How much money is needed to end poverty? Is it going to be billion of dollars perhaps trillions? Or is the number too big to wrap our heads around? One man did it with $27. Yes. With $27 and a compelling idea, he brought hope, opportunity and pride to some of the poorest people in the world. This story is about him. In 1976, a professor started a pilot project in Jobra village in the Chittagong district, Bangladesh. He saw women in the village who made bamboo furniture used most of their profits to repay usurious loans. They needed loans to buy raw bamboo but were exploited by the lenders for the lack of options. Traditional banks did not want to make tiny loans at reasonable interest to the poor due to the high risk of default. The man went on to challenge the traditional system as he believed that given a chance, poor women would repay the money. He lent US$27 of his money to 42 women in the village, who made a profit of(US$0.02) each on the loan. This seeded idea of microcredit as a business model and professor - Muhammad Yunus went on to become the first Bangladeshi to win a Nobel Prize.
The reason being - "lasting peace cannot be achieved unless large population groups find ways in which to break out of poverty" and that "across cultures and civilisations”. Now millions of people have benefited from microcredit and Muhammad Yunus has been one of our inspirations at Rang De. Let’s know more about his vision - After the success of his first project, Yunus officially secured loans from multiple banks to lend to the poor. Five years later, the pilot project began its operation as a full-fledged bank for poor Bangladeshis and was named Grameen Bank How did the model become so scalable and successful in the first go? That’s because Muhammed Yunus saw his fellow citizens from a very different perspective from the banks' traditional mindset. Banks went to the rich people, they saw poor people as risky. The grameen bank believed in the potential of poor people and took a bet on them.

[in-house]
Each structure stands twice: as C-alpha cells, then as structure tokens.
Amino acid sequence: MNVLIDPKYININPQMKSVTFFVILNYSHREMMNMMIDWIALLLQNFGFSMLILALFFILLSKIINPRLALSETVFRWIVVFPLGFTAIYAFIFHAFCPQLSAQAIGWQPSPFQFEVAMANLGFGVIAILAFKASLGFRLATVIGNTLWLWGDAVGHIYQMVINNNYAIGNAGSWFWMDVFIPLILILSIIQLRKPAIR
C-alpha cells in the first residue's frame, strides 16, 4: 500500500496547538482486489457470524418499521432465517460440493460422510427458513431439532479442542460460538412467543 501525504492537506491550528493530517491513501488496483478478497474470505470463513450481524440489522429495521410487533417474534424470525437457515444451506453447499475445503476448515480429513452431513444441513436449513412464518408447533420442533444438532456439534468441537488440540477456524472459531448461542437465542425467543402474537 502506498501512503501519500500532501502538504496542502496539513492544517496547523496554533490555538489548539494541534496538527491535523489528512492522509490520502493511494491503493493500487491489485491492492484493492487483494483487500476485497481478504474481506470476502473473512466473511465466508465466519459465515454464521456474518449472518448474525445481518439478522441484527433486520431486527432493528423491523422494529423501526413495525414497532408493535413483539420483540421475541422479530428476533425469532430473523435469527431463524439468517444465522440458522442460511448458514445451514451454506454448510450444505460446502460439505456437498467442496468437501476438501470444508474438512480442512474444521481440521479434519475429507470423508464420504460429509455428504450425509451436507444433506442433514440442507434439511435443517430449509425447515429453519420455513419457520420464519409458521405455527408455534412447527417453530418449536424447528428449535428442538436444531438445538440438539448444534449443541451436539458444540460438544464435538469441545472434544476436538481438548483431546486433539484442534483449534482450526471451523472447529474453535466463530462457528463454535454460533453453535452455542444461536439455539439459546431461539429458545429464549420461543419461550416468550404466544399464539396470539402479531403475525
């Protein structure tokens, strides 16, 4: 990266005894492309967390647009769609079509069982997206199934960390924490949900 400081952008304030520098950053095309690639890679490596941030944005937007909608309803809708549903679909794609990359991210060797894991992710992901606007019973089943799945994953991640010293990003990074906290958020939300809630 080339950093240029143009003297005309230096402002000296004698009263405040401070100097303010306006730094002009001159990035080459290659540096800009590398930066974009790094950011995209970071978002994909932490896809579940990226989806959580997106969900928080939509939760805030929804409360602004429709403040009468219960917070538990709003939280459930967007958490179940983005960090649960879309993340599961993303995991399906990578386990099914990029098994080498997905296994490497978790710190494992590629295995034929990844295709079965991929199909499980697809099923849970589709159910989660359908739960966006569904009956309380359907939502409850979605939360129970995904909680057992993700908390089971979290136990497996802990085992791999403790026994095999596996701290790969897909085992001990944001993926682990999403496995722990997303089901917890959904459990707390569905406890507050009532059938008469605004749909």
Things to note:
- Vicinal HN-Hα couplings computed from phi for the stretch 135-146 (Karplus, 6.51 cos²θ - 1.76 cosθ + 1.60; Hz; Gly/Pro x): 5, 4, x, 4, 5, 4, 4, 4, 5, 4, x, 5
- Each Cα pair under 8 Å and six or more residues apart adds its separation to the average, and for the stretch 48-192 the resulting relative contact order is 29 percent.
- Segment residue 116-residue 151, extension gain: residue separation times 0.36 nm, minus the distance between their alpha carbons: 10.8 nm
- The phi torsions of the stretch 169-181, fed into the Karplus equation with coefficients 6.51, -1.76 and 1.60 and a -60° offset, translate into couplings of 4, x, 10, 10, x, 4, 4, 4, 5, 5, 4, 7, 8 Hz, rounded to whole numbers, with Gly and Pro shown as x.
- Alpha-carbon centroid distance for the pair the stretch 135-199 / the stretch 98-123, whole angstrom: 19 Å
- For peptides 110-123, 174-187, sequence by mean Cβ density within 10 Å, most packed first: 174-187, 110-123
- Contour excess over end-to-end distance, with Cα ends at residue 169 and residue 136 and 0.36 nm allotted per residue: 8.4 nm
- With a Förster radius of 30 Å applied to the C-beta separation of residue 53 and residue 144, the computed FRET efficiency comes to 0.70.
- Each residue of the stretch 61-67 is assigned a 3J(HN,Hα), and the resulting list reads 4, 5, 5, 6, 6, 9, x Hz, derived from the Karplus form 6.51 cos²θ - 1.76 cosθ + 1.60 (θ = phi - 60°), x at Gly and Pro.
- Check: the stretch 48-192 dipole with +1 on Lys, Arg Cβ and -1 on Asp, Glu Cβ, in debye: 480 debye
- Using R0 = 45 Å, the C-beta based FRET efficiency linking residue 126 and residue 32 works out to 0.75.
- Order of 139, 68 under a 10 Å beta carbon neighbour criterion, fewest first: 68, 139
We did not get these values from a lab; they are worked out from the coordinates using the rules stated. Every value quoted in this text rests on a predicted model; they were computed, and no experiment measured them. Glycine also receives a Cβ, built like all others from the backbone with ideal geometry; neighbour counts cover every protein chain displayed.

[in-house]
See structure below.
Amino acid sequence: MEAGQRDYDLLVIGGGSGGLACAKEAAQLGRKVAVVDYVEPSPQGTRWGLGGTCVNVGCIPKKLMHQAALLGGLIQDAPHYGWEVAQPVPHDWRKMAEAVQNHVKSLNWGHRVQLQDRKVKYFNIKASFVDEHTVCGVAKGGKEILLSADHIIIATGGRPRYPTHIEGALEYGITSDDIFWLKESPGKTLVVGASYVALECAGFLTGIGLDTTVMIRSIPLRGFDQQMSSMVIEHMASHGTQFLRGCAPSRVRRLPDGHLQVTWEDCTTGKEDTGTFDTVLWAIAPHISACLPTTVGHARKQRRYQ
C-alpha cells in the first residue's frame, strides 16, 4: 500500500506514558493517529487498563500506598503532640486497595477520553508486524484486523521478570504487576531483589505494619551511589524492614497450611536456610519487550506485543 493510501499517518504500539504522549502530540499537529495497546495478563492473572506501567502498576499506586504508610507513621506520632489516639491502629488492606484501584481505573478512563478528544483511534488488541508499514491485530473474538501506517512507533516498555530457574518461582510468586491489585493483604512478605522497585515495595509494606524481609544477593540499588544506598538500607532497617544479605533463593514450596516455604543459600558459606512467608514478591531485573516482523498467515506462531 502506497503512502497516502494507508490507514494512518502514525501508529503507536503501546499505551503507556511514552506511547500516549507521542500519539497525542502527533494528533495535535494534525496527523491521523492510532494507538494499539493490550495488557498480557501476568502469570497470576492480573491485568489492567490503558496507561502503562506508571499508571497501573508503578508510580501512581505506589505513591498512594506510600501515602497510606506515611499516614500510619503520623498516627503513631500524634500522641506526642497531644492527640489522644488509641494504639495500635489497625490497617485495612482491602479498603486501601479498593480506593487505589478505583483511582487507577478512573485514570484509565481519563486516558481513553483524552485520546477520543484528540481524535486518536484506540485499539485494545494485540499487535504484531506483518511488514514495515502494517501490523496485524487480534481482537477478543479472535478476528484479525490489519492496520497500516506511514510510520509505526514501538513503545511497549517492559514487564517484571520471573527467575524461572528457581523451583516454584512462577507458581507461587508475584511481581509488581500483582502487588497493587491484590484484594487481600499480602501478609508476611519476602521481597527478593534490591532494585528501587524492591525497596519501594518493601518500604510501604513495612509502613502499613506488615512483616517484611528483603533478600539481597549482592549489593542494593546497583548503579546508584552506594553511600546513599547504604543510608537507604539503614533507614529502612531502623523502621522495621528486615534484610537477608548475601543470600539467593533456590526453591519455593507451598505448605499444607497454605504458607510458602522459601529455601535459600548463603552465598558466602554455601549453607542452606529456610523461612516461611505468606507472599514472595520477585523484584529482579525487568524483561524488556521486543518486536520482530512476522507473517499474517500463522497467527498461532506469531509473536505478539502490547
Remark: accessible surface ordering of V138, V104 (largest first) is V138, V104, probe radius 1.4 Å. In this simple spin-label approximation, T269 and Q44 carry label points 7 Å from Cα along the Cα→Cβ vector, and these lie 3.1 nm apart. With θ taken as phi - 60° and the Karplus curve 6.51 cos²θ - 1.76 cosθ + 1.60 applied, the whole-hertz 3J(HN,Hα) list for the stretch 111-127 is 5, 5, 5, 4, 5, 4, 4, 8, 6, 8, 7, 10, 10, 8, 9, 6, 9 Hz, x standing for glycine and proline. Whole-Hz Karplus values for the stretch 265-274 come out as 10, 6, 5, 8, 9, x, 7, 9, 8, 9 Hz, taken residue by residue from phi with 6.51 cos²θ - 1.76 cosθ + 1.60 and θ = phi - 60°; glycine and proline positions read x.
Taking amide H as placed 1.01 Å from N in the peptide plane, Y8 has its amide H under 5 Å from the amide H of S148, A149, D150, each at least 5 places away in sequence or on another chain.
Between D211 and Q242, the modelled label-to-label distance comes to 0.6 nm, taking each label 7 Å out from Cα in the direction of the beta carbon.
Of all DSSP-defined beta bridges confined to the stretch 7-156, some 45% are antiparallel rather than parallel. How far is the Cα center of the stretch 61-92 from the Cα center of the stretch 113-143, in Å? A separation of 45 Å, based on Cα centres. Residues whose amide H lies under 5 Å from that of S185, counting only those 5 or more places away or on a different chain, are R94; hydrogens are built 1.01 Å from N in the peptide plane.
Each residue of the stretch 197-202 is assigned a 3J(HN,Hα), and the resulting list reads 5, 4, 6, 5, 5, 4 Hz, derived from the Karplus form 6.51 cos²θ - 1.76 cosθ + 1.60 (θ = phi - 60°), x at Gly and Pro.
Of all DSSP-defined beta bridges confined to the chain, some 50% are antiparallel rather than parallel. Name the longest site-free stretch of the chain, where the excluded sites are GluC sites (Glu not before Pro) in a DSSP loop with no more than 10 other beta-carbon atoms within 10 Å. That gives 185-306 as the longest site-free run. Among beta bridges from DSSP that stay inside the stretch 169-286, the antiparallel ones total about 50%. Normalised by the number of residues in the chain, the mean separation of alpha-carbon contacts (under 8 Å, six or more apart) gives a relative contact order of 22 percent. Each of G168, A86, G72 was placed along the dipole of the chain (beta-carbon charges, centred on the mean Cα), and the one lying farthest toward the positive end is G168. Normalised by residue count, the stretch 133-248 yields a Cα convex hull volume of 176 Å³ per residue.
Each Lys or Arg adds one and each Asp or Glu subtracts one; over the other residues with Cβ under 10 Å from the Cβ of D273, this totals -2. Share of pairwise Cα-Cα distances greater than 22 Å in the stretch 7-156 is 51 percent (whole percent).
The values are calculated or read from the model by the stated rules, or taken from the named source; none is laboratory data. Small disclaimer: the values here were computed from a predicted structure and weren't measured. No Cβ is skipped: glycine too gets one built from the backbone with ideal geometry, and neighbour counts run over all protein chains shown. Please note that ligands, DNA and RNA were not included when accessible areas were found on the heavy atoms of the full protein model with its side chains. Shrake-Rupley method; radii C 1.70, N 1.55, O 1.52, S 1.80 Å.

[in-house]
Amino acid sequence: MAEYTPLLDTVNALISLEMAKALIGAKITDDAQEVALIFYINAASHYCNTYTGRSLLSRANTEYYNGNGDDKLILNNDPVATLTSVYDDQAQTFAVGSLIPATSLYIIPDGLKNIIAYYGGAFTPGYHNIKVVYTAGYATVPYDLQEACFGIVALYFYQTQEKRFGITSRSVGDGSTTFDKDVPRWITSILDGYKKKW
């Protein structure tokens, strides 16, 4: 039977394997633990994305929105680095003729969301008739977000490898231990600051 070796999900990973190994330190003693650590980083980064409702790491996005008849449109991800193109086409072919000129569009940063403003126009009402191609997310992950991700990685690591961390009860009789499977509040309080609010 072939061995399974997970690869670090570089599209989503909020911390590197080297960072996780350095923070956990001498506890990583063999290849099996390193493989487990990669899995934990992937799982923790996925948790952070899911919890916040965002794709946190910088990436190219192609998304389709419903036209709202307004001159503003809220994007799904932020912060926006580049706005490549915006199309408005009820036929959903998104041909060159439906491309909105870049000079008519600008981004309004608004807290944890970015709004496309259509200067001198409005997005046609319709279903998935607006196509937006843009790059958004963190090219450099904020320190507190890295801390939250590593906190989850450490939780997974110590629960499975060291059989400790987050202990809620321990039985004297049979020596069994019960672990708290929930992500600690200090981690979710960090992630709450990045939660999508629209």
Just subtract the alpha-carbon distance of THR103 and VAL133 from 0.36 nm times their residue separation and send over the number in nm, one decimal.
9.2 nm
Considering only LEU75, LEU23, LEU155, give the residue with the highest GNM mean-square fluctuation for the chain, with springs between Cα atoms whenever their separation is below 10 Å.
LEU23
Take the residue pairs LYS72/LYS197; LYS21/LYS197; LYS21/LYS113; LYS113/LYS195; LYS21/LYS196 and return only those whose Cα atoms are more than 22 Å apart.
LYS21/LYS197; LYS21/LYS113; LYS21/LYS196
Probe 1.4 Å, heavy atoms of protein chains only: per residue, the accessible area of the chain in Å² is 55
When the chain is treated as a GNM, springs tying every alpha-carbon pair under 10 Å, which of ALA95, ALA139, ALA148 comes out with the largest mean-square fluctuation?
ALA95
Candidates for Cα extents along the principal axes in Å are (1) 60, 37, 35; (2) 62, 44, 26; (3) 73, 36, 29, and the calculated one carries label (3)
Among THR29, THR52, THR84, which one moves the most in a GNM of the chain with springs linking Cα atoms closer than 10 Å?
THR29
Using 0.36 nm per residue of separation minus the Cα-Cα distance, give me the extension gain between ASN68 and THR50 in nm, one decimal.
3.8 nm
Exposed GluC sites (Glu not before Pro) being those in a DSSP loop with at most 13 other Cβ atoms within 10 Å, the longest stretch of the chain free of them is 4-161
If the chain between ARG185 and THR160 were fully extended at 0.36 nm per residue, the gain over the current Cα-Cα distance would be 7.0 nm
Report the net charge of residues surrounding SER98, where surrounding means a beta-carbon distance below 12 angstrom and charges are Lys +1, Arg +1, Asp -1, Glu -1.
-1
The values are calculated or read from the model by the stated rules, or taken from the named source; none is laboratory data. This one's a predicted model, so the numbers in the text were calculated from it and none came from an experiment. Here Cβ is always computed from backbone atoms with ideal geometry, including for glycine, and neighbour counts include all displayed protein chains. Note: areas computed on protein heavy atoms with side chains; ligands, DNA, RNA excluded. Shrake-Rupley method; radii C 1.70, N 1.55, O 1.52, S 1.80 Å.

Banks needed to know all the intricate details of the past before lending. Grameen bank was more interested in the future. They believe that poverty is made by the system. And only the system can make or break it. Poor people are not poor by choice. Banks went to city centres and lent significantly to men. Grameen bank went deep into remote villages and heavily banked on women. They saw women wanted to build both for themselves and their families. Grameen bank has lent to 8.3 million borrowers out of which 97% are women. This shift in worldview was what made Grameen bank lend over US$12.5 billion since its inception. Muhammed Yunus saw potential where banks only saw risk. He removed many imposed implications about the poor by root and made banking upside down. It was his ability to look beyond the attitudes of his time that made a difference in the lives of so many people. ------------------------------------------------------------------------------- When Prof. Yunus and the Grameen Bank won the Nobel Peace Prize in 2006, it sparked the inspiration for our co-founders Ram and Smita. They felt that credit could play a transformative role in ending poverty. And so, with Rang De, they set their sights on addressing affordability and access. You can share the same vision and invest at www.rangde.in